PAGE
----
In defense of Mondays. Momdays too.

Y'all might remember that for my 2014 birthday, Tom and the boys gave me a fabulous chaise lounge for the back yard. I love it so much, and it was made even more luxurious this year by the gift of a lumbar pillow for Mother's Day. 

Right now, I'm spread out on it, legs in the sunshine, head conveniently in line with a dogwood branch that's blocking the rays aimed directly at my eyes. I'm writing. Or at least, I mean to be writing. I'm distracted, happily, by the various concerts being performed around me.

The birds are chirping and chattering and singing and bullying. A blue jay the size of a chicken is in the bird feeder, while a scarlet cardinal sits below and catches all the jay drops from his greedy beak. Robins, sparrows and so many other types of birds I can't identify swoop around, waiting for a moment of entry.

 When the jay takes leave -why does he?- the smaller birds hurry in to eat before the playground bully comes barreling back. All the while they sing their musical tunes. Surely they are enjoying this day as much as I am. And the "Supreme Mix" bird seed I splurge on to keep them coming. 

A squirrel is sneaking carefully down the sugar maple's trunk. One eye is fixed on me, and I'm pretty sure the other is focused on the jay. He finally makes his way to the ground and casually camouflages himself by a planter to eat seeds the cardinal's not found. 

It's Wild Kingdom over there. With music.

The kids had a wonderful day at camp and are now having a ball with a beloved babysitter, K, who is now more family than anything. She's making them pasta and drawing with color pastels and building Pokedexes out of old Amazon boxes. And I am out here, guilt free, on a beautiful Monday afternoon.

It took a while to get to the guilt-free part. To the "yes, it's quite OK to have a little afternoon help even after a day of camp" part. It took the advice of counselors, the support of friends, the hearty encouragement of my husband. It took an acceptance of the energy and needs my spirited boys truly have as well as the needs and limitations I have as an at-home mom who recharges in quiet solitude. The latter are no less important than the former. Believing that took a while too.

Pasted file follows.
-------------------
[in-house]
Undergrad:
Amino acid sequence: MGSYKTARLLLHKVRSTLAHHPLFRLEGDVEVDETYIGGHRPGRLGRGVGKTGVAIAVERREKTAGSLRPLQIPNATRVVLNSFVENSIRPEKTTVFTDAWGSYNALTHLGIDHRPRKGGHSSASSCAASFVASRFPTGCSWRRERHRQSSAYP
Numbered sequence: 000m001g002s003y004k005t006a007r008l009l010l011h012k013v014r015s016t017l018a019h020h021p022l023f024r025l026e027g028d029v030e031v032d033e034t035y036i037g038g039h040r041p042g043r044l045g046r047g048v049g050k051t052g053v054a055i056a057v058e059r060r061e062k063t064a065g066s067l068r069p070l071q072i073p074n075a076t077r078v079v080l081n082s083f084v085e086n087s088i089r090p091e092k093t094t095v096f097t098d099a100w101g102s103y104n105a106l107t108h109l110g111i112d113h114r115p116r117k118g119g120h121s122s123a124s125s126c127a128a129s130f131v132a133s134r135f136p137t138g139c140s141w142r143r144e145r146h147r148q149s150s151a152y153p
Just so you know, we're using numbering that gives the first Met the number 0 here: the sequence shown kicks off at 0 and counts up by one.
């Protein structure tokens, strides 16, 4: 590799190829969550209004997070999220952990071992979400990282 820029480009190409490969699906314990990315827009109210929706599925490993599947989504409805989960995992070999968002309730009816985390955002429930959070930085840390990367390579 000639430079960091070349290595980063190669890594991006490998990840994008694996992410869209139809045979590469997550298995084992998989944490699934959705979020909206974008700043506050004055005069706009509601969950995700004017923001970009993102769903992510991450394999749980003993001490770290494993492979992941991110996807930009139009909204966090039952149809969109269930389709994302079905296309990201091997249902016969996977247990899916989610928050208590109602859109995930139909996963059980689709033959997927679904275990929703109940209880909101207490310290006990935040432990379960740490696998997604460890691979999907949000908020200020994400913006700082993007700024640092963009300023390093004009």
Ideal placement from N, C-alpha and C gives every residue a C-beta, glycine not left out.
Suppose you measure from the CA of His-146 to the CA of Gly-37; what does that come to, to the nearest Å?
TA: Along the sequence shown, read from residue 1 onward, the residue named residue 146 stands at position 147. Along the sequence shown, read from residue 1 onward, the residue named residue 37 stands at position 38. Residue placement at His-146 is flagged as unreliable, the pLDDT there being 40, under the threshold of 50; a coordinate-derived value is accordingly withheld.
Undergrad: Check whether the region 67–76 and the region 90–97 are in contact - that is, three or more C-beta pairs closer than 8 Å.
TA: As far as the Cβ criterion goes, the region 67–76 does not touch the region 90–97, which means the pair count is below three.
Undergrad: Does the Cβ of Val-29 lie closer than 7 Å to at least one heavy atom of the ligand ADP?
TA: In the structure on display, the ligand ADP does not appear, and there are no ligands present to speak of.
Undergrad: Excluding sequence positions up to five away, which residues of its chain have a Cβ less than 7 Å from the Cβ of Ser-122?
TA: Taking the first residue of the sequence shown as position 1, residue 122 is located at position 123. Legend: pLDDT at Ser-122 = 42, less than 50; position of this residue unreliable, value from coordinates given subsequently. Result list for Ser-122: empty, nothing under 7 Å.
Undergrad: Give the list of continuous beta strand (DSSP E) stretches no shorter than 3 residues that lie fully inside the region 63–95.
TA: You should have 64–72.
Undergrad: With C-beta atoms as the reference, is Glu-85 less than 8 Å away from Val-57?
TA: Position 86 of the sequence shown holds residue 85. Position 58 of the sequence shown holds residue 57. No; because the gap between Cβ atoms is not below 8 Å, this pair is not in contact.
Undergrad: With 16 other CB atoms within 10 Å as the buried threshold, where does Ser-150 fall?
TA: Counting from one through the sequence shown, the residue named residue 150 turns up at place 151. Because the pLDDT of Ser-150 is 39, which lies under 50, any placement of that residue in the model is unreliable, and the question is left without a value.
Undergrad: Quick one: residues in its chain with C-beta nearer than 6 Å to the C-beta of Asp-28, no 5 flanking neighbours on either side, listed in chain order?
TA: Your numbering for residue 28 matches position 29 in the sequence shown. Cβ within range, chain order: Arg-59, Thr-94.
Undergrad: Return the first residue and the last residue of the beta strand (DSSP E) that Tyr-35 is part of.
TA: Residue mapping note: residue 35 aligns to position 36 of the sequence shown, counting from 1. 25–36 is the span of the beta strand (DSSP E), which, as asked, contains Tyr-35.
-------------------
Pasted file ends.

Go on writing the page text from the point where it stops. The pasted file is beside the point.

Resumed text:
Many dread Mondays. Workers have job-reentry anxiety, children may wish for the relaxed, no-homework weekends to linger a day more. But since my kids were old enough to be in school, I have come to love and rely on Monday. Momday.

Many are busy. I always exercise and often run more than a few errands. But they are productive, I listen to NPR without interruption, I eat an unhurried lunch, and I settle. I relish not being on. K has come on Mondays for years now, a tradition that helps the rejuvenation I've just started gathering back to stick and stay. So after I pick the kids up and hand out snacks and look at art and hear all about their full days, I pass the torch to K for a bit. I am lucky to be able to do this, and I am even luckier that she and the kids are as delighted as I am to take the baton from me.

Sometimes, when she's tucked them in, and I've tucked them in, we'll sit on the deck and have a glass of wine and talk. K is only ten years younger than me and so it's easy to be friends despite the maternal'ish love I feel for her too. She's a teacher, a really good one, and I have learned from her and the way she relates to and guides children. 

As the evening starts to consider heading home for the night, we hug, I'll thank her and we'll say goodbye until next week. I'll turn to my fridge and my pots and my stove, I'll think about when Tom might arrive home and what he might enjoy eating. I'll appreciate the Momday I just enjoyed and all that made its quiet serenity that much more special.